Saturday, October 22, 2011

Watching Disabled People Dance

So, you are on your way to your first physically integrated performance, but you don't know what to expect or how to think about what you might see.  Allow me, if you will, to offer a somewhat biased guide.

  • Relax.  You've done most of your part part by showing up.  Sit back and let the performers do theirs.  There's an unwritten contract in performance.  Both parties have to do their part to make the performance successful.

    In buying the ticket, you promise to show up, turn off your cellphone, put away your camera, open your mind and watch.  The performers, in offering a concert, promise to show their best work -- work that transcends the ordinary, to honour your intelligence and spirit, to perform and not just execute.
  • Don't worry about meaning.  Even if the dance follows a story line, you can create your own meaning.  In fact, you are pretty much expected to create your own meaning.  It's like reading a poem or a book.  Or even seeing a film.  It's personal.  To you.

    And related to that, don't worry about missing anything.  There's a lot happening on stage.  You can't see it all.  Your eye will be drawn to some things and not others.  That's OK.  That's part of how you create your meaning.  That's part of performance.
  • On stage.  You don't have to have a long background in dance to appreciate what's happening on stage.  You can enjoy the shapes, lines, turns, jumps, lifts, emotion, light, colour ... whatever ... without having to name it or know, technically, how it was composed.
  • The performers with and without disabilities are expecting you to look at them.  It's not staring, if you watch carefully.  But don't try and figure out who is or isn't disabled and what their disabilities are.  This is not a medical show; it's an art performance.
  • All the performers, disabled and non, retain their personhood, no matter what equipment they use or don't use.  Wheelchair users don't become chairs; non-disabled dancers aren't just bodies.  But don't assume that the work is about the dancers and their lives and bodies, unless it is explicitly framed as such.  The work is just that work.  A certain amount of effort has gone into creating a thing for you to see -- it's not a reflection of reality.  Nor is it a projection of your fears and expectations.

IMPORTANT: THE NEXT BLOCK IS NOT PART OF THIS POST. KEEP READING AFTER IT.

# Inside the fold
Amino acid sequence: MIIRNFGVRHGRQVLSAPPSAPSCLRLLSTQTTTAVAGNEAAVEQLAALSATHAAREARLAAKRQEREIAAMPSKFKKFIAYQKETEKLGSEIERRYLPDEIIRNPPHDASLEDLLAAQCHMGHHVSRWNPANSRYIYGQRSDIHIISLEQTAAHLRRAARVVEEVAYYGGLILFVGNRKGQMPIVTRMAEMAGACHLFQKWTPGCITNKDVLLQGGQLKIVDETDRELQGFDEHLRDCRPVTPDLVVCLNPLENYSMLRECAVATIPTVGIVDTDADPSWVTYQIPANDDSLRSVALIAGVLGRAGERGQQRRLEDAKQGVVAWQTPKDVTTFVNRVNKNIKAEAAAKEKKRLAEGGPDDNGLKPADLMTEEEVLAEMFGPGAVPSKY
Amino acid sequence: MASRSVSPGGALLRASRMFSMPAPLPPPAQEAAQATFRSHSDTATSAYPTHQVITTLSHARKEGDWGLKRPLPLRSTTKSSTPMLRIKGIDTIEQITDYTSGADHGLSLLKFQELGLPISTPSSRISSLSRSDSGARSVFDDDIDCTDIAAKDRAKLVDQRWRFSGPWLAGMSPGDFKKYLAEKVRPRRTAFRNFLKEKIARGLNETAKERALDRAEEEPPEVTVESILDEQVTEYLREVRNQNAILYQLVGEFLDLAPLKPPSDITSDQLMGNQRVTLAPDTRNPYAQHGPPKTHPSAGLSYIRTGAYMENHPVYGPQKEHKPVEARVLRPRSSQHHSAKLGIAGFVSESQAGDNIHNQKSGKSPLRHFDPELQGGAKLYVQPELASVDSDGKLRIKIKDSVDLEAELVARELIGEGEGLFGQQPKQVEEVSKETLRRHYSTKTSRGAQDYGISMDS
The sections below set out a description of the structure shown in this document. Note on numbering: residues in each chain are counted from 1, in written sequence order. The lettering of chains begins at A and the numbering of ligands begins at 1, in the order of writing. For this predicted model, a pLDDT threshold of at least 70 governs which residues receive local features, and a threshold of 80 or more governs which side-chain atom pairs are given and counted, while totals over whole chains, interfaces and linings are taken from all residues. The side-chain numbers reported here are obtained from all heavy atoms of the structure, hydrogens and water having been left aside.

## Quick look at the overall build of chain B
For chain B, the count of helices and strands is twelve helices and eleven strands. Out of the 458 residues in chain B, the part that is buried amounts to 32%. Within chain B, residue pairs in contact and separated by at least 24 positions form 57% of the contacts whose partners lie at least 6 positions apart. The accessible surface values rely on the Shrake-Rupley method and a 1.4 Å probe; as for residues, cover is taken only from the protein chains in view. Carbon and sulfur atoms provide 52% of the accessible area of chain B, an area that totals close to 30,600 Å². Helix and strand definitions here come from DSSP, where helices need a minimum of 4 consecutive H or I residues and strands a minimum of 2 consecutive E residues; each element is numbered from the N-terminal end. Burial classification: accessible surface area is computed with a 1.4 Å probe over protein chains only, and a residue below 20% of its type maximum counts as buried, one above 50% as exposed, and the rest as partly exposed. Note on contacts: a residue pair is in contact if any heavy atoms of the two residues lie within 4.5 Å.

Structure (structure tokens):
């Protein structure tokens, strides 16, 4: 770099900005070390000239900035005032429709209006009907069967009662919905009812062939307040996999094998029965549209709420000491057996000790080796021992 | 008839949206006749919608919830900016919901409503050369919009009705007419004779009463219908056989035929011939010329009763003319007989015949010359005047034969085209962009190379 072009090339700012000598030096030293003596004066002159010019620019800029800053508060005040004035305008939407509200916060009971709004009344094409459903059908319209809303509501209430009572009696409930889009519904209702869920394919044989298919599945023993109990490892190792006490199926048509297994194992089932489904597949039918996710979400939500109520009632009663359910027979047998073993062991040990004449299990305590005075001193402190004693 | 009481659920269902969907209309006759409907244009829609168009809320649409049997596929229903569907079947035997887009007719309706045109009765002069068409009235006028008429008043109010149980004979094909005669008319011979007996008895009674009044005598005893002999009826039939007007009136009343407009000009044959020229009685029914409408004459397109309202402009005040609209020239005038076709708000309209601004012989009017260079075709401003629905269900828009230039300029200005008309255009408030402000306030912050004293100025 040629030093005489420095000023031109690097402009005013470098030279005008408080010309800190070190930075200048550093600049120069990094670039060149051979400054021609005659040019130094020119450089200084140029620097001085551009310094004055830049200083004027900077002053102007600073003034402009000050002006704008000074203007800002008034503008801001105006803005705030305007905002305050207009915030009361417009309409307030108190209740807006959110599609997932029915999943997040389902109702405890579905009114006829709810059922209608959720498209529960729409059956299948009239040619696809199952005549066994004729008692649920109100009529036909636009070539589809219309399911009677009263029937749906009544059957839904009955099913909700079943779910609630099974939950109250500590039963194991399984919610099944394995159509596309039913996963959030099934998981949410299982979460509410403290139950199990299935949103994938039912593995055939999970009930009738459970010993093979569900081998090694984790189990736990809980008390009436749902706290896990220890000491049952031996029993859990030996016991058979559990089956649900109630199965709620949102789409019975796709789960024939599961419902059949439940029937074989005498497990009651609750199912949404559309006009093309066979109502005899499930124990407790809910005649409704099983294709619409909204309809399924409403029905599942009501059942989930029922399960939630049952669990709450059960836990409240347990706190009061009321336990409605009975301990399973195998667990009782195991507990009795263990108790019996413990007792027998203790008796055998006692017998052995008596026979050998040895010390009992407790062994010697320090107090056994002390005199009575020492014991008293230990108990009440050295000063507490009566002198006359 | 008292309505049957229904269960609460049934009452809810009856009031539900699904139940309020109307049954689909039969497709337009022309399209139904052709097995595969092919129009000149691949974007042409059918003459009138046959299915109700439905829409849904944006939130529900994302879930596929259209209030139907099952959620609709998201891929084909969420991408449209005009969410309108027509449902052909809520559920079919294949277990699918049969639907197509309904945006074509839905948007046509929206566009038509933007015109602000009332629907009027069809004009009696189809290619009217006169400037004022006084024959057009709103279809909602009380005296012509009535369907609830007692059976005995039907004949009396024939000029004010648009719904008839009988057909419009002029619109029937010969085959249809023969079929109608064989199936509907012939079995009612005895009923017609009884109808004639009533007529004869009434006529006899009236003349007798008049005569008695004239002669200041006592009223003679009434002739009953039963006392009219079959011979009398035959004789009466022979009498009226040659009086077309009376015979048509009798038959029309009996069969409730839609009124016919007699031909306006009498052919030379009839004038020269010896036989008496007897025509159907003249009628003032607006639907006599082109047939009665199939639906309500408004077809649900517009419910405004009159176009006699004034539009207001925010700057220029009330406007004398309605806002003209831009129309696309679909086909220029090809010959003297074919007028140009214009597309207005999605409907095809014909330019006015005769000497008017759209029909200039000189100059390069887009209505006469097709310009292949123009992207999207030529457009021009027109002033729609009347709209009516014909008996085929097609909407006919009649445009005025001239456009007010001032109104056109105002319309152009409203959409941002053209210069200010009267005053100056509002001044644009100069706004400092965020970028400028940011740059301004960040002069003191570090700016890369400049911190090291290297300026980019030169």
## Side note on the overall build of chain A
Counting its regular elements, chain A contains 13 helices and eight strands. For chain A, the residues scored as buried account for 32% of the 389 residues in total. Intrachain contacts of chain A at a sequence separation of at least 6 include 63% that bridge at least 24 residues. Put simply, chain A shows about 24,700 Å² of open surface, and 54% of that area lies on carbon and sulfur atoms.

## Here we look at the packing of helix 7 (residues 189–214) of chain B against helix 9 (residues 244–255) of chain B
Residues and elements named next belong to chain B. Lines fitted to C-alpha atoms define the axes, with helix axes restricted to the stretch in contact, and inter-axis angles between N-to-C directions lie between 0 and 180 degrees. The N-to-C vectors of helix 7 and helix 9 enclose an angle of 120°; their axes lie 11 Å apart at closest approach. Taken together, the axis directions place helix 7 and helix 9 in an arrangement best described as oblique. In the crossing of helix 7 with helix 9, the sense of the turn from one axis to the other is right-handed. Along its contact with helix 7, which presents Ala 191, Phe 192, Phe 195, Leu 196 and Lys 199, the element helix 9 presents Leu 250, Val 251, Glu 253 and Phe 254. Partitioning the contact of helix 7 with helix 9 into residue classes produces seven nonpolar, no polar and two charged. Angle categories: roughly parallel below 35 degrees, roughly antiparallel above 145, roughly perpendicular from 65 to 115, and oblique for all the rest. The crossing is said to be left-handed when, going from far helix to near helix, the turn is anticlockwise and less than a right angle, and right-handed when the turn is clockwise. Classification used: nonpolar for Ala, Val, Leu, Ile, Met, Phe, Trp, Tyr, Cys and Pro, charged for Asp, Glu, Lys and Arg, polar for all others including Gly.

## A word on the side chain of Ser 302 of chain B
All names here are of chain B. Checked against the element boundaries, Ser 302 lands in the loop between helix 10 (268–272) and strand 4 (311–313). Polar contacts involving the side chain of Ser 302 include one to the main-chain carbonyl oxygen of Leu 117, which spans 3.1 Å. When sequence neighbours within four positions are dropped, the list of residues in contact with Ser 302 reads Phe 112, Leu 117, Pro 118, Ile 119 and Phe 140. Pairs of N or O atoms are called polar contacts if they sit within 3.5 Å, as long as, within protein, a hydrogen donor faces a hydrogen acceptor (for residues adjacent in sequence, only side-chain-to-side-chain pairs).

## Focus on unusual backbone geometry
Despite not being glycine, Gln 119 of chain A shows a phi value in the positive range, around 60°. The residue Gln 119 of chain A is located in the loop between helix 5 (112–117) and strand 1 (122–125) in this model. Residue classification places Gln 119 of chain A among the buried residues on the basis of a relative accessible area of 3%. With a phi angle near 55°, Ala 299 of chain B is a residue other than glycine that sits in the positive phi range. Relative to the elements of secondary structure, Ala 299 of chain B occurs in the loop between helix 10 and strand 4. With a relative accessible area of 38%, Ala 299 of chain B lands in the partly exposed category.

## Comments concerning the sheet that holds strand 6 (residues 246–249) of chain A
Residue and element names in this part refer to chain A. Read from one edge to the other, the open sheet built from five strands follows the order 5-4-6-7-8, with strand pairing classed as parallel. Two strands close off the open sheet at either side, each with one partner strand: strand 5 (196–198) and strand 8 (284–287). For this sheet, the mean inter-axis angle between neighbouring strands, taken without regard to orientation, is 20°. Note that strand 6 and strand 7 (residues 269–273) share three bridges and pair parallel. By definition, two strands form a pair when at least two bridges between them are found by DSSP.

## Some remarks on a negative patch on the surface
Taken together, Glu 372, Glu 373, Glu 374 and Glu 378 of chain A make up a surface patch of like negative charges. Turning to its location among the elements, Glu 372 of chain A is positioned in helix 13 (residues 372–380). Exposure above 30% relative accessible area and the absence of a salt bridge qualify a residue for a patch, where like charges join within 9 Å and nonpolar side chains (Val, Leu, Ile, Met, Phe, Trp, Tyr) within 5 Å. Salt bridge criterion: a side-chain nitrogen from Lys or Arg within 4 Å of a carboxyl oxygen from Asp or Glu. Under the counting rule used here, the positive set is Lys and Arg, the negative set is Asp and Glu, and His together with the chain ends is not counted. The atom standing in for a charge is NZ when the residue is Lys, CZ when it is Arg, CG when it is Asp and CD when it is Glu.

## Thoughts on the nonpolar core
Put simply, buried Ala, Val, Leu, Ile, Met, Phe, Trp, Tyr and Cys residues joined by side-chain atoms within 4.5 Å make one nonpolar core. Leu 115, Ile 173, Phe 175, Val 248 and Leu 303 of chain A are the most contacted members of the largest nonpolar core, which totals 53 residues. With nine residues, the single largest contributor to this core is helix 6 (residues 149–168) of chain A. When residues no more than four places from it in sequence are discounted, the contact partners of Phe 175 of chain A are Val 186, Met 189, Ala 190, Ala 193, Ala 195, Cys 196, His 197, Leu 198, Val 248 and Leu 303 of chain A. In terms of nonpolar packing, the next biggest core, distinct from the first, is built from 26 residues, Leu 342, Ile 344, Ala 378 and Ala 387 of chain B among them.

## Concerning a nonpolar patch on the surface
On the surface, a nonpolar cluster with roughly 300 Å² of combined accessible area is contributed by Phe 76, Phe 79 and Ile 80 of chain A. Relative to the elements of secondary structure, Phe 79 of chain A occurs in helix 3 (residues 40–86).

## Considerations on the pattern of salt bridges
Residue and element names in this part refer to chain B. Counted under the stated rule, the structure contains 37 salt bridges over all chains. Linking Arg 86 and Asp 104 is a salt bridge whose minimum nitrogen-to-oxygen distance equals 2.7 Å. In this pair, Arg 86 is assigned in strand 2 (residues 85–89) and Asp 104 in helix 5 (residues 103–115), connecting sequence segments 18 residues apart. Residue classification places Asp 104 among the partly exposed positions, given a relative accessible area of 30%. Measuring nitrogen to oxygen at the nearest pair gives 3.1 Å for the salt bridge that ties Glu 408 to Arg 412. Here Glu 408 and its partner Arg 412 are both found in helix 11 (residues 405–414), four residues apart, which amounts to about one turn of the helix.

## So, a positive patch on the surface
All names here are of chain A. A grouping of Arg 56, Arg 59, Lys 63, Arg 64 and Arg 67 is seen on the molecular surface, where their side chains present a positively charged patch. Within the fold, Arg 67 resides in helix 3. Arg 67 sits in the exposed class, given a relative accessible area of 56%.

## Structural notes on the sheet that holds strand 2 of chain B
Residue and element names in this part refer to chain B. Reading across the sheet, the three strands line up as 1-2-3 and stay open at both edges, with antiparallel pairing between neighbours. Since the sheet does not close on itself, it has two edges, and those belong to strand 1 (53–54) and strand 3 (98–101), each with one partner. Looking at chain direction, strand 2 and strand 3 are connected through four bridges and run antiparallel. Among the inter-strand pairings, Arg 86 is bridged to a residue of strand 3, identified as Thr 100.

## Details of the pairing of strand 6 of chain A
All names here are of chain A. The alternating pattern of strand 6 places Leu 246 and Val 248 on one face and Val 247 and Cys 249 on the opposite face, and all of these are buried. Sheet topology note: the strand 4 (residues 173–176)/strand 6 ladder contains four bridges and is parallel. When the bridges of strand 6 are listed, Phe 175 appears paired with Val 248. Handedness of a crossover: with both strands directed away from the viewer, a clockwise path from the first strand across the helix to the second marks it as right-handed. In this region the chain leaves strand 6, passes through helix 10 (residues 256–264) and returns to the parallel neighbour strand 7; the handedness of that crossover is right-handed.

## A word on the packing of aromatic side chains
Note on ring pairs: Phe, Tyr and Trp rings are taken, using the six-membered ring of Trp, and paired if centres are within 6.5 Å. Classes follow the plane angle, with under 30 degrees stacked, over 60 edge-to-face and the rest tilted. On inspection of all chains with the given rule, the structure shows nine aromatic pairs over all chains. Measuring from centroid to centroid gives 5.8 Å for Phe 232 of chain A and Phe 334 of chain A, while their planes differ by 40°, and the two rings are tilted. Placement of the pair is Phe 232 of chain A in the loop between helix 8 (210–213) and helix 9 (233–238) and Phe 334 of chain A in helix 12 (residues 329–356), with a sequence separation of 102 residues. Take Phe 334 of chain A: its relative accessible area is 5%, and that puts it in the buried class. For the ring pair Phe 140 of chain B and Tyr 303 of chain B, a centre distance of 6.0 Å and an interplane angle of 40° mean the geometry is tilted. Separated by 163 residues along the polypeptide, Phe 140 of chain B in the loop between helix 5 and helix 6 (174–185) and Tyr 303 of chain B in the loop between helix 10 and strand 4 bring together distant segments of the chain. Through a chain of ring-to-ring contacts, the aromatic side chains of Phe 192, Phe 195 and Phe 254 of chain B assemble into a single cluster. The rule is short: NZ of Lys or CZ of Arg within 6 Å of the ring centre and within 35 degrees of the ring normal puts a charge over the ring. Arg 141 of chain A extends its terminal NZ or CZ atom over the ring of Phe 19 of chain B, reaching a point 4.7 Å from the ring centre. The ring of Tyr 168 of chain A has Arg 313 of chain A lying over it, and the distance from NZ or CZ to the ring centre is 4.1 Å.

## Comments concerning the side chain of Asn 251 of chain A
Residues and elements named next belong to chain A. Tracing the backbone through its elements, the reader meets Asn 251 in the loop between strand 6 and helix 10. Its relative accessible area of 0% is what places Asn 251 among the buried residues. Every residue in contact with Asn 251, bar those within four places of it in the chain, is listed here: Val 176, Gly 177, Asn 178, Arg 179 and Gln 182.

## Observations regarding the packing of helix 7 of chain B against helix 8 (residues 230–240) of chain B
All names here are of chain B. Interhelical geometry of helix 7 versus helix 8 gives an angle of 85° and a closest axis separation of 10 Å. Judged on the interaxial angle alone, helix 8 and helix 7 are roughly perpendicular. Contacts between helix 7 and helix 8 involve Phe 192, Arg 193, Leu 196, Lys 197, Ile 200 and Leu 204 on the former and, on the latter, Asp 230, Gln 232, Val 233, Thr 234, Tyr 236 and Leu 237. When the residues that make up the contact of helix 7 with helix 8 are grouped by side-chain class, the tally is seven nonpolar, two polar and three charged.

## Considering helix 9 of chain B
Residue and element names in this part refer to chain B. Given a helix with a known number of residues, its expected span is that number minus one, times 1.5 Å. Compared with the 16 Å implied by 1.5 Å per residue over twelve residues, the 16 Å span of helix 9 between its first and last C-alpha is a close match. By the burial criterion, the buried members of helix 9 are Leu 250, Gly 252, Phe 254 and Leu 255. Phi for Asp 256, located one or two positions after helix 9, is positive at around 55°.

• Speaking of your fears and expectations.  Leave them at the door as best you can.  That's a good way to see *any* work of art, but it is especially important when seeing work that includes disabled artists.  There is so much societal prejudice around disability that leaving that behind will open you up to a new understanding of the world.
  • It is absolutely your right to like or not to like what you see.  I hope you will like it for reasons more powerful than your belief that those poor disabled people are inspiring and that it is so nice that those other dancers help them.  I hope you will dislike it because the choreography, staging, presentation or whatever did not appeal to you.  And I hope you will have the opportunity to express both your likes and dislikes to the performers.  We welcome feedback that engages with our work.  We don't need to hear your commentary on our bodies, etc.  Questions about our personal lives ...  assumptions, etc.
  • Physically integrated dance is a powerful form of contemporary dance.  Let us do our job: we will take you on a journey to new and unexpected places.



2 comments:

  1. You put this so beautifully!

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  2. Wayne Wagner7:50 PM

    Saw wheelchair dancing for the first time last night at Strathmore in Montgomery County. I was amazed - at the muscled torso of the dancer, at the design of his wheelchair, and most of all the fact that this was good dancing, period!

    To call the wheelchairist I saw "disabled" seems a gross misnomer. If he was any more "enabled" he'd have to be wearing rocket boots.

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